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Following Bost Push, VA Officially Halts Reporting Veterans to NICS List without Due Process

WASHINGTON, DC –  Last week, the Department of Veterans Affairs (VA) announced that following H.R. 4366, the Consolidated Appropriations Act of 2024, which included Chairman Bost’s language to prohibit VA from submitting a veteran or beneficiary’s name to the FBI’s NICS list without a judge’s consent, being signed into law the agency would only report to NICS in instances when VA is aware that a mentally incompetent beneficiary has been found by a judicial authority to be a danger to themselves or others. Effectively restoring due process rights for our nation’s veterans.


This move was in line with Chairman Bost’s March 11th letter when he requested that VA Secretary Denis McDonough provide Congress with a date and detailed plan by which they would stop sending veterans with fiduciaries names to the FBI’s NICS list.


As Chairman Bost previously stated, “For far too long, the men and women who have fought for all American’s constitutional rights were wrongfully treated differently when it came to their own rights. No veteran should lose their constitutional right to bear arms simply because they need help managing their finances, and if they are a danger to themselves or others, a judge should make that decision – not a VA bureaucrat. As Chairman, a sportsman, and a veteran, getting the veteran community the due process rights they have earned has long been one of my top priorities.”


To read the letter Chairman Bost sent to Secretary McDonough on this issue, click here.


At the start of the 118th Congress, Chairman Bost announced that one of his top legislative priorities in the new Republican majority was ending the Department of Veterans Affairs (VA’s) discriminatory practice towards veterans with fiduciaries. Prior to current law, if a veteran uses a fiduciary to manage their VA benefits, they are automatically – without a judge or court ruling – reported to the FBI’s NICS list and stripped of their Second Amendment rights. Chairman Bost’s bill, H.R. 705, the Veterans 2nd Amendment Protection Act, sought to end this practice and prohibit VA from sending information on veterans (or beneficiaries) who are assisted by a fiduciary to NICS without a judicial ruling that they are a danger to themselves or others. The amendment Chairman Bost fought to include in the House passed version of the FY24 MilCon/VA Appropriations bill was introduced and passed in the Senate to do the same. Following the conference between the House and Senate Appropriations Committees, the language was included in the fiscal year 2024 MilCon/VA appropriations bill which was later signed into law by President Biden.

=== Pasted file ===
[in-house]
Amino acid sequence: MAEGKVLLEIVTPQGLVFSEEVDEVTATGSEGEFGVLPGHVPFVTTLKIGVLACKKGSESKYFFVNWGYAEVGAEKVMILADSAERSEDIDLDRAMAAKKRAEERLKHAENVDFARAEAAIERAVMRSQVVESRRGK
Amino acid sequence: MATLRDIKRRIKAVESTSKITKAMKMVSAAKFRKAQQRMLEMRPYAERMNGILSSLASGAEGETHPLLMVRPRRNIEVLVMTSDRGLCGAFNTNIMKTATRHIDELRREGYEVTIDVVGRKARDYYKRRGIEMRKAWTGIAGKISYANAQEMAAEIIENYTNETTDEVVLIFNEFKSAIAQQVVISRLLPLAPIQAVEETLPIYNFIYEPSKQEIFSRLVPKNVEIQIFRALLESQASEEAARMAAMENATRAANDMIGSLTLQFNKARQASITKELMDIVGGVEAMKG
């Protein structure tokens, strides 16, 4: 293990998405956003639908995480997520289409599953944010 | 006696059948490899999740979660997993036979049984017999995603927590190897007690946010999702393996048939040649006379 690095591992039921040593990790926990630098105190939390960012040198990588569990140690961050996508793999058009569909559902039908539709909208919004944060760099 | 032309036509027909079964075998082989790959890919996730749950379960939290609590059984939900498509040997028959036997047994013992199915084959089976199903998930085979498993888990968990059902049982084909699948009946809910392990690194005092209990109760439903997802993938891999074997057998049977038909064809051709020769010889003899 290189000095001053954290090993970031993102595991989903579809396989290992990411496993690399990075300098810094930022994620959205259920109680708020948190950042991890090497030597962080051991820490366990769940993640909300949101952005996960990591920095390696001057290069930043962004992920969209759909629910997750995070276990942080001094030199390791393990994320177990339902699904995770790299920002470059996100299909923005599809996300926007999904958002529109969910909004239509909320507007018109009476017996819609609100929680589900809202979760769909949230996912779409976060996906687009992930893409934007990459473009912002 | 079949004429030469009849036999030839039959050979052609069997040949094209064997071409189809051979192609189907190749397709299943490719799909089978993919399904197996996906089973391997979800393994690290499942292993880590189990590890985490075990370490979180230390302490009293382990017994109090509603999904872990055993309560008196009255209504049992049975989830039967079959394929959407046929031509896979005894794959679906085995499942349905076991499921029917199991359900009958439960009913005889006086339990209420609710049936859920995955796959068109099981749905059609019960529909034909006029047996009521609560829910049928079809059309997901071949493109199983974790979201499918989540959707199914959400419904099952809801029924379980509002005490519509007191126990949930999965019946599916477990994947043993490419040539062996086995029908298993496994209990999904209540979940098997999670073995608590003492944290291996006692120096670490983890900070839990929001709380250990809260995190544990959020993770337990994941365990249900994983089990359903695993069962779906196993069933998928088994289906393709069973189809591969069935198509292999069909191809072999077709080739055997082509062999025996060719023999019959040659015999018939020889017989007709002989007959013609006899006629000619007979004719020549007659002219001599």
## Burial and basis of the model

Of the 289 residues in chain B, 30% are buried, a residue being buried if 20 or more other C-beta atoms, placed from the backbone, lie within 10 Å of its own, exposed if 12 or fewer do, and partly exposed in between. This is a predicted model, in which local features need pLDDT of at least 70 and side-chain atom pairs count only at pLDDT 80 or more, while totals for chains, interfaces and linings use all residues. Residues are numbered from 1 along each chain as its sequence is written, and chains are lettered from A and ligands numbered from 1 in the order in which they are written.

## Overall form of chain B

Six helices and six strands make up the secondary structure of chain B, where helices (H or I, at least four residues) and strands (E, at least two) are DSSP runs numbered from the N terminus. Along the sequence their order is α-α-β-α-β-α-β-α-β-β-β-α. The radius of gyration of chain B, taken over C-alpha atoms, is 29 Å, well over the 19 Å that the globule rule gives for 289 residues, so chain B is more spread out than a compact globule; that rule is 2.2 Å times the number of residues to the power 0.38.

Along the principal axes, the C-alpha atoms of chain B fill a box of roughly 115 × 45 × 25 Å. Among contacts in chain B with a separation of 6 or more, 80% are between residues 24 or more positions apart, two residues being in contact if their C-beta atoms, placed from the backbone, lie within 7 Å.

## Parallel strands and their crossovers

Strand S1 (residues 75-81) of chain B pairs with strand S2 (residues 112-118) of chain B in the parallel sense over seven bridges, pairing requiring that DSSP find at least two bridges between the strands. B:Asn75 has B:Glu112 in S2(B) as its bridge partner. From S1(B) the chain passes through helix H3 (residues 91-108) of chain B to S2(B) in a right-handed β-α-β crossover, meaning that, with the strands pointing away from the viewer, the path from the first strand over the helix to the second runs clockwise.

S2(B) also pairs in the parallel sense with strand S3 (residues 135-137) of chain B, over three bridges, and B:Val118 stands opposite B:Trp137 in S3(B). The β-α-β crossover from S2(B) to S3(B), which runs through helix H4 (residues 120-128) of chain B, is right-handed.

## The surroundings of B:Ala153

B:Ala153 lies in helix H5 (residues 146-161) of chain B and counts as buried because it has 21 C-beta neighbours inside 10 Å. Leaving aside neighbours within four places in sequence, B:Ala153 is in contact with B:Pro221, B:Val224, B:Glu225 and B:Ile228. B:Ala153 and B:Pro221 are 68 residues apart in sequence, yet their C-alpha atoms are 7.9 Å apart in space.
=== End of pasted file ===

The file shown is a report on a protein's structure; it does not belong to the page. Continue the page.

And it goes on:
Fixing this policy has long been supported by the following veteran service organizations (VSOs) and advocacy groups: The American Legion, Veterans of Foreign Wars, Mission Roll Call, The National Rifle Association, Gun Owners of America, National Defense Committee, Vets 4 Vet Leadership, Veteran Warriors, Catholic War Veterans, and National Association for Gun Rights.
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